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Jacob Myers


Office Hours

spring 2023

F 10:00am-11:30am or by appointment

Portrait of Jacob Myers looking up at flowers in a tree

M.A. with distinction, English, Georgetown University, 2018
- Thesis Title: "Feeling Waste: Material Sensations in the Eighteenth Century"

B.A., English, Theater, and Gender, Sexuality, and Feminist Studies, Oberlin College, 2012

Jacob Myers is a PhD candidate whose research focuses on transatlantic eighteenth-century literature and the history of science. He pursues projects on colonialism and anti-colonialism, race, public health, and the environment.

His dissertation, “Noxious Life: Figuring Vermin in the Natural Histories of the British Caribbean,” explores how island fauna were conceptualized as hazards to the West Indian plantocracy before emancipation. He argues colonizers developed cultural beliefs, health interventions, and land practices which defined their crops and bodies as constantly at risk to wild animals and their byproducts. Free and enslaved Africans, however, proposed alternative material and cosmological approaches that were more adaptive to the environment, making them sustinable but also hostile to European efforts. Working across Anglophone literature, scientific treatises, and folklore, his project reveals how human engagements with “noxious life” defined early Caribbean identity, the emergence of "modern" medicine and agriculture on the plantation, and resistance to the islands' political and epistemological hierarchy. His dissertation contends that tracking marginal creatures – rats, snakes, insects – across the archive can unearth the failures of colonial science and the importance of Afro-Caribbean animal knowledge to intellectual history.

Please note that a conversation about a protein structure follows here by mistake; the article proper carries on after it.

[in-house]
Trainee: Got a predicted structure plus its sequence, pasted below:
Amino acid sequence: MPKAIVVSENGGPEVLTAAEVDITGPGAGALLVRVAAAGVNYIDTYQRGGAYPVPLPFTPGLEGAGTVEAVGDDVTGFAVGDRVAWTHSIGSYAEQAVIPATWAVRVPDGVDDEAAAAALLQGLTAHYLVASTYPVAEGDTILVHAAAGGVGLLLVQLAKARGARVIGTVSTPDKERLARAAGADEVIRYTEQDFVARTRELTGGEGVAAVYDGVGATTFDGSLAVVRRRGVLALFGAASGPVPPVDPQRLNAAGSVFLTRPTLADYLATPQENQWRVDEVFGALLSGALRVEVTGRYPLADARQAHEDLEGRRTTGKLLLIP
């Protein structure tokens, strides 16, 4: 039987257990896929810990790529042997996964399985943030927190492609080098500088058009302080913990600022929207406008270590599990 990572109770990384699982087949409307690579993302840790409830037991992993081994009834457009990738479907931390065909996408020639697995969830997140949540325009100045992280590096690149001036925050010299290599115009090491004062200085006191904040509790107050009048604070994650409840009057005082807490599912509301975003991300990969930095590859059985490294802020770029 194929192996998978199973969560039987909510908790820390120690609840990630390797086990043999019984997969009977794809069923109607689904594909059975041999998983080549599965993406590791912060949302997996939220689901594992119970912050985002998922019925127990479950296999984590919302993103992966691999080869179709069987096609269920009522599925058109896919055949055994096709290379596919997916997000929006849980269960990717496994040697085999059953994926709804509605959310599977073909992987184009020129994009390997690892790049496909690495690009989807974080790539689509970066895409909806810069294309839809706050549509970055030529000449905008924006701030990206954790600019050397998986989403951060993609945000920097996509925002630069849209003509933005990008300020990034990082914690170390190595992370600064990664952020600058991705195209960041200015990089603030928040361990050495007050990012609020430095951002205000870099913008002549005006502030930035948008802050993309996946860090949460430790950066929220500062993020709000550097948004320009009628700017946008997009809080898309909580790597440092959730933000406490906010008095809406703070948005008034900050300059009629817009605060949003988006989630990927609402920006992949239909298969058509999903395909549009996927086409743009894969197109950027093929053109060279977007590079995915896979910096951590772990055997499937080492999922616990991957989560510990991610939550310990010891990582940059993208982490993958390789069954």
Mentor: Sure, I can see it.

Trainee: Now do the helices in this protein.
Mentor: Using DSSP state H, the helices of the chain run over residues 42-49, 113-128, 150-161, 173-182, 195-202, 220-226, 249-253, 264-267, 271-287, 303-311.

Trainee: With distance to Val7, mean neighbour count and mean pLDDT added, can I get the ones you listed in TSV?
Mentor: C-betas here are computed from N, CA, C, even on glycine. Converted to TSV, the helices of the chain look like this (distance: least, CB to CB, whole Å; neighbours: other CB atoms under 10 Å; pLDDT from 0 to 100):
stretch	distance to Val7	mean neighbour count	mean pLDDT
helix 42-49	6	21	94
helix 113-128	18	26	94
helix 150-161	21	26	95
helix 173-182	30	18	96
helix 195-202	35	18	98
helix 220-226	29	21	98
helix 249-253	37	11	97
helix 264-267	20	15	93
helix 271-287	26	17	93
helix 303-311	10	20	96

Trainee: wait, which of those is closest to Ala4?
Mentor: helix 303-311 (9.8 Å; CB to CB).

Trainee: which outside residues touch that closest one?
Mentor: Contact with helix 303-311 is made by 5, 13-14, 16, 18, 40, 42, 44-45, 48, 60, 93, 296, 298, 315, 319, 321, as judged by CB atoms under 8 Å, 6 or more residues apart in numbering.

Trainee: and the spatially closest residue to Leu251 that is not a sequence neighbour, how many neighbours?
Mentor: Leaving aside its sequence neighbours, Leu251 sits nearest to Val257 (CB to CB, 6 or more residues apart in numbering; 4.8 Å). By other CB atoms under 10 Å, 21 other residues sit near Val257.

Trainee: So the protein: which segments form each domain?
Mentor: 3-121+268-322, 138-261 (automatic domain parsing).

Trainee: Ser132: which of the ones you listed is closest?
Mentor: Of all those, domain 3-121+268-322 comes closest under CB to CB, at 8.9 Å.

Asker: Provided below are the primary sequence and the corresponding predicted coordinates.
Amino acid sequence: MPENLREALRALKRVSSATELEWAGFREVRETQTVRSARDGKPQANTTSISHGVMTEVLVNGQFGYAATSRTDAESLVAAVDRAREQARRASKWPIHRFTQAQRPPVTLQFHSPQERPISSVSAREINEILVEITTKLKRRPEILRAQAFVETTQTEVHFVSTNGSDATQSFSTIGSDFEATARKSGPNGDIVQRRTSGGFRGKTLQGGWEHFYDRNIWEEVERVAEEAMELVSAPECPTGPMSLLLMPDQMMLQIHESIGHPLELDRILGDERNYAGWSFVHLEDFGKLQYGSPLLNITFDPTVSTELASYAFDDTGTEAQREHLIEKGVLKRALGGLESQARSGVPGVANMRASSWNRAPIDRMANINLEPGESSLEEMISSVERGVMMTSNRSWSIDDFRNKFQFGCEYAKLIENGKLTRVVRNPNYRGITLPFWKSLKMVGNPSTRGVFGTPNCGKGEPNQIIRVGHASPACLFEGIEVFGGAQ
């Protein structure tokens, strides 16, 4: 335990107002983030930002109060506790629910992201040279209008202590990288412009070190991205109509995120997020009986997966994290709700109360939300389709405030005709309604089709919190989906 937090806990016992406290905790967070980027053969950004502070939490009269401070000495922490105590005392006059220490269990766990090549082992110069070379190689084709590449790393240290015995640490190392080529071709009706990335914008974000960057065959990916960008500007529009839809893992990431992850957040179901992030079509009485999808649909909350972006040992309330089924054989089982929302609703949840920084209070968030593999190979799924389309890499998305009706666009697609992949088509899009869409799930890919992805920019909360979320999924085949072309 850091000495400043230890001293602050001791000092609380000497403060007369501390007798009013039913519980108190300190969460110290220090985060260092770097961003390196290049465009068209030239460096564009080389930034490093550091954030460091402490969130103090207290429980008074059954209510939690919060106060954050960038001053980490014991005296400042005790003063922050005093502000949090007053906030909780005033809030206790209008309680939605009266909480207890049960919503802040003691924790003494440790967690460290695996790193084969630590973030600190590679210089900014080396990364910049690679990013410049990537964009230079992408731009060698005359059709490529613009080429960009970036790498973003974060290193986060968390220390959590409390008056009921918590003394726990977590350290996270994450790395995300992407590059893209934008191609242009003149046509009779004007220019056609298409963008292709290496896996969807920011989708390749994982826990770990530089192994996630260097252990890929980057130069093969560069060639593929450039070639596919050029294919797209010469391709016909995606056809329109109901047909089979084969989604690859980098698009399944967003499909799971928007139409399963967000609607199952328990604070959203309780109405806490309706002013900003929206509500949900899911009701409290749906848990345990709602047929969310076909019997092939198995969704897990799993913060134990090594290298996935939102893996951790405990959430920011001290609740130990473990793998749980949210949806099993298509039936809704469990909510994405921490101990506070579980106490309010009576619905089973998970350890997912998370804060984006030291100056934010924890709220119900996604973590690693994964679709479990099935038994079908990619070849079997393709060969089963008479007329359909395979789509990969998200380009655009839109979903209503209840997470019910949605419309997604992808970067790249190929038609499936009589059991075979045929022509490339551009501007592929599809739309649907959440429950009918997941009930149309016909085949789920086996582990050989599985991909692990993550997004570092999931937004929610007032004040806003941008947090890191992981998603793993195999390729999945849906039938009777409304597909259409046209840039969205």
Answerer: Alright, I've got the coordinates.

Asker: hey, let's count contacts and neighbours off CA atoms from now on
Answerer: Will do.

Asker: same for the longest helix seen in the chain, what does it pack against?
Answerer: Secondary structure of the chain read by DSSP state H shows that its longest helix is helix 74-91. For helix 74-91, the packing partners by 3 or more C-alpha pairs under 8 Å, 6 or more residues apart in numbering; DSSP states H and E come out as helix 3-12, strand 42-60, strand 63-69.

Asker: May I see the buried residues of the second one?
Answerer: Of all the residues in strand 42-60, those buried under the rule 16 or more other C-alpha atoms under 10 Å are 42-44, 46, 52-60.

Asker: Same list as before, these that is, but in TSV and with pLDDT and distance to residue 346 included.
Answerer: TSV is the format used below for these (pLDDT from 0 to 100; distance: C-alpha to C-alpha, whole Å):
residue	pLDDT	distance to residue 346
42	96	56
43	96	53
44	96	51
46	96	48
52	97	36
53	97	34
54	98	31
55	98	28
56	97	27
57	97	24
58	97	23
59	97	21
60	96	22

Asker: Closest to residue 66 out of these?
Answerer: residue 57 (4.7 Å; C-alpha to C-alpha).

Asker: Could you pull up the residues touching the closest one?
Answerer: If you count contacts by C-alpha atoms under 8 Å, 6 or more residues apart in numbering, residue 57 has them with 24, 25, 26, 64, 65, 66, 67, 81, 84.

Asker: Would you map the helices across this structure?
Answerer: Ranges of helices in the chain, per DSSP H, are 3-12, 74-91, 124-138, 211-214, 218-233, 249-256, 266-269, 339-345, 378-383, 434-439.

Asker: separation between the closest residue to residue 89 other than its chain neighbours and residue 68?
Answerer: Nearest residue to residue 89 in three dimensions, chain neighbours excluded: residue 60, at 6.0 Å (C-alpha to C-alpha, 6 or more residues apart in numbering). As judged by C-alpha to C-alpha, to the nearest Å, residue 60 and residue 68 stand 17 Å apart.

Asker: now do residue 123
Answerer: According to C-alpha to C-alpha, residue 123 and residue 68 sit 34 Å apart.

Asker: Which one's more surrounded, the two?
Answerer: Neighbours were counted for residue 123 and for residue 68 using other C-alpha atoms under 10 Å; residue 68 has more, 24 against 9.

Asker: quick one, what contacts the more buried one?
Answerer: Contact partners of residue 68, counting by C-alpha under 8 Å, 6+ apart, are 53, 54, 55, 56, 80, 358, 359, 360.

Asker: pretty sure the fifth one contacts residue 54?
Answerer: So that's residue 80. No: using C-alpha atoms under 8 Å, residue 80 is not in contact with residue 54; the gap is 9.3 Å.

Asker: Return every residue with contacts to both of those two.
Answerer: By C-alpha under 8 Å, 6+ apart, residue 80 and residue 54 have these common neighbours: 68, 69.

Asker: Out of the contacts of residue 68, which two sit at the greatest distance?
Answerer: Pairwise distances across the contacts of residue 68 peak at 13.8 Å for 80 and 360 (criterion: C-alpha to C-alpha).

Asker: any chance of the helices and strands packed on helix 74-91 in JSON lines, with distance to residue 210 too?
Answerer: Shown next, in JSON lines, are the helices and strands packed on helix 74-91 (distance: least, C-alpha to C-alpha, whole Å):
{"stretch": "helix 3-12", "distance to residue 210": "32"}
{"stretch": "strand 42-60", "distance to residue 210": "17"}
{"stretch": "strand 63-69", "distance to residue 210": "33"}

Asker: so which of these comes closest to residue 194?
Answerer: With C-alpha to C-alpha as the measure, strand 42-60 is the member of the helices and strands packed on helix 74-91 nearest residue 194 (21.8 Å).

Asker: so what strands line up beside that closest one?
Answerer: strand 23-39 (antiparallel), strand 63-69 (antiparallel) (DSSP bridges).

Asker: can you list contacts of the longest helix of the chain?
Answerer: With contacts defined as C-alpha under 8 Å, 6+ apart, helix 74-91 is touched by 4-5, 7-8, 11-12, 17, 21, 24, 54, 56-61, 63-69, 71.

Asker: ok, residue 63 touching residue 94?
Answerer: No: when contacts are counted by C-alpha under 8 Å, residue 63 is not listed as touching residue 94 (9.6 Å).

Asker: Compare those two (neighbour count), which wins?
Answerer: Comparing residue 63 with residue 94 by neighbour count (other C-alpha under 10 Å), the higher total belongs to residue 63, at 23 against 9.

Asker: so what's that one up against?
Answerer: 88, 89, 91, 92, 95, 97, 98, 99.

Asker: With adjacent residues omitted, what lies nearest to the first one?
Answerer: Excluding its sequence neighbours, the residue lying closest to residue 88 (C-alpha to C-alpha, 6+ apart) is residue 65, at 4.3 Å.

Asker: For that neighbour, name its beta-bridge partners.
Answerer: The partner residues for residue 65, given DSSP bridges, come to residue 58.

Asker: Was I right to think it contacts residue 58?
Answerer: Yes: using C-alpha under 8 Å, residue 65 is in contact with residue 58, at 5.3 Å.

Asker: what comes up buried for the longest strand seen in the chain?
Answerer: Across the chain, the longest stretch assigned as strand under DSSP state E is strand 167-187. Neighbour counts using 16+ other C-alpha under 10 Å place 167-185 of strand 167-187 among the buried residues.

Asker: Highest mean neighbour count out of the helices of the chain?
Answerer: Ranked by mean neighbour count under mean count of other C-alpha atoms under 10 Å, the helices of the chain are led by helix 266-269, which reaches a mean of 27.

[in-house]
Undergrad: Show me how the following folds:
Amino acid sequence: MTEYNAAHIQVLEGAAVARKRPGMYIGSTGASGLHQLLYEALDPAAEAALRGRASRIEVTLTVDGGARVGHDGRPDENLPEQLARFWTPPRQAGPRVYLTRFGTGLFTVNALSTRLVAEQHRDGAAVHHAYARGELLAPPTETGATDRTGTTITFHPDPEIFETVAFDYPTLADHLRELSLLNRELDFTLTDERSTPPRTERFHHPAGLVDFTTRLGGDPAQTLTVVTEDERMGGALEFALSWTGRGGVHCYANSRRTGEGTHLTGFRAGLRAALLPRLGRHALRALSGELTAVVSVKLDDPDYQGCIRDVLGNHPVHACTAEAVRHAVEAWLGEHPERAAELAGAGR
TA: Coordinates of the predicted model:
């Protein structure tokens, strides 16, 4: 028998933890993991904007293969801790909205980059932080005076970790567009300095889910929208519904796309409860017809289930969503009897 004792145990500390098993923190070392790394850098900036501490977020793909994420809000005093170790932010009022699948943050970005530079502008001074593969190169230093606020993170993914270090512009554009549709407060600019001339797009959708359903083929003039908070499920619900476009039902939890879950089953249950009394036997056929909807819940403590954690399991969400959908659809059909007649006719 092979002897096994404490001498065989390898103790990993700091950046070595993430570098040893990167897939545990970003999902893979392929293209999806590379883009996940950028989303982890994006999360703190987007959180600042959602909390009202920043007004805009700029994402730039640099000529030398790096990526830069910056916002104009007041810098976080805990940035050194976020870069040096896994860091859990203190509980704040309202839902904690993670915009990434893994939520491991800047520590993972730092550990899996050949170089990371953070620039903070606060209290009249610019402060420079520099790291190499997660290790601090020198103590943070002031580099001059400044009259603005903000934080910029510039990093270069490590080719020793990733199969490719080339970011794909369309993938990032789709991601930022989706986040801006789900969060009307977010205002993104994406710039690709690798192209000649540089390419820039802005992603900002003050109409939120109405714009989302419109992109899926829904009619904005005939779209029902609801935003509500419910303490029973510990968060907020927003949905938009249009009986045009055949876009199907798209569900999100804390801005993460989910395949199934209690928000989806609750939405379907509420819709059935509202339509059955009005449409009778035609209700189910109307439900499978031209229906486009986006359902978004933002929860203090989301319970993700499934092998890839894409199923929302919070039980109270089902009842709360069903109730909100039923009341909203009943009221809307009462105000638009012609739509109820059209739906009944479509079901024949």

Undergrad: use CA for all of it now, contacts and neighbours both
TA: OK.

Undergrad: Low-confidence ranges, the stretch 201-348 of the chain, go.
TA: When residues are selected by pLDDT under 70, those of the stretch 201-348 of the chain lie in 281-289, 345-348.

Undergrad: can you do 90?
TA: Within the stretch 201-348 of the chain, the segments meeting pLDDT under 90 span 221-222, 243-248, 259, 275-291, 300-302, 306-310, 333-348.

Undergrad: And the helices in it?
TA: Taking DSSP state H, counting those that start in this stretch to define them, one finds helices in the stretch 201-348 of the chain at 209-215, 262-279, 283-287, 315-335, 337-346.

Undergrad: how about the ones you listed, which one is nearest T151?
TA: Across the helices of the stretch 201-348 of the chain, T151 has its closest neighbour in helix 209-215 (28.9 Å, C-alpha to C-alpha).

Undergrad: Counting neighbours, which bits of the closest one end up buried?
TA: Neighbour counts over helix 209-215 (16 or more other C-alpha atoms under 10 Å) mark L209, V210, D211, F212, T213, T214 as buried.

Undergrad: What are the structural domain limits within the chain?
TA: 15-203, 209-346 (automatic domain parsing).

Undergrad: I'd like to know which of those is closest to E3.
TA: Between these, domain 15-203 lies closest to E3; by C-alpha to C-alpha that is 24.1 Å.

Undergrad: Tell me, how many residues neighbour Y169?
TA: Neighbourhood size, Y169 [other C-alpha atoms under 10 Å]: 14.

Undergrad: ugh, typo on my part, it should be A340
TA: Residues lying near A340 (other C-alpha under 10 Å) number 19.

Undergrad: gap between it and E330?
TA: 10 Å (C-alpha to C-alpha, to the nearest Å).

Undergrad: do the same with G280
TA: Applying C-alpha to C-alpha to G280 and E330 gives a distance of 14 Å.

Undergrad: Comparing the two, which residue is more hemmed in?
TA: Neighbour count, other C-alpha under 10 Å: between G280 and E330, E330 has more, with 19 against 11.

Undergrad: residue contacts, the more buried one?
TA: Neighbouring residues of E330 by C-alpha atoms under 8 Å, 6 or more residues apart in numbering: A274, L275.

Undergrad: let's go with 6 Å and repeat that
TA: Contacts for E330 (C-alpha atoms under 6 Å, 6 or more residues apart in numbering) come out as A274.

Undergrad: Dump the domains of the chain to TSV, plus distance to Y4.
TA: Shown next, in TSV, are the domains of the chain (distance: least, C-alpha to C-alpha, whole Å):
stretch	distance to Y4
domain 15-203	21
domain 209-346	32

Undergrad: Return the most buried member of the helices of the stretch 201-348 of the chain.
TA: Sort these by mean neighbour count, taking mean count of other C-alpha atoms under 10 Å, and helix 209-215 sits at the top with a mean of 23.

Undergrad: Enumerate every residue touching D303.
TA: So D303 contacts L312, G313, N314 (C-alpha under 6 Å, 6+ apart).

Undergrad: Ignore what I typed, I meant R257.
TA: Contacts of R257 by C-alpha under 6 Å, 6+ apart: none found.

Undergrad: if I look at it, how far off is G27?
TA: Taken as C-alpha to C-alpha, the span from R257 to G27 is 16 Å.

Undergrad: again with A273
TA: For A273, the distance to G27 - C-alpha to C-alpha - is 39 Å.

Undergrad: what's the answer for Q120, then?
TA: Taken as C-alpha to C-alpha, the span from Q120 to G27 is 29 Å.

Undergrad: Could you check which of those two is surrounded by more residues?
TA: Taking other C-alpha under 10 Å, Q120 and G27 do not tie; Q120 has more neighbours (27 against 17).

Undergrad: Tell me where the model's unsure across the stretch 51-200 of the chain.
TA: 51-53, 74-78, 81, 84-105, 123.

At Penn, Jacob has served as a co-coordinator for the Gender and Sexuality (Gen/Sex) Working Group from 2019 to 2021 as well as the 2019-2020 GEA's Funding Librarian. He has also co-organized film events at the Annenberg Center, the Rotunda, and the Lightbox Film Center. Before coming to Philadelphia, Jacob performed curatorial research for the U.S. State Department's Diplomatic Reception Rooms and the Paley Center for Media, and he taught literature and film/media studies at Macao Polytechnic Institute and BNU-HKBU United International College. He has received grants for his work from the Fulbright Foundation and UN Women.

Courses Taught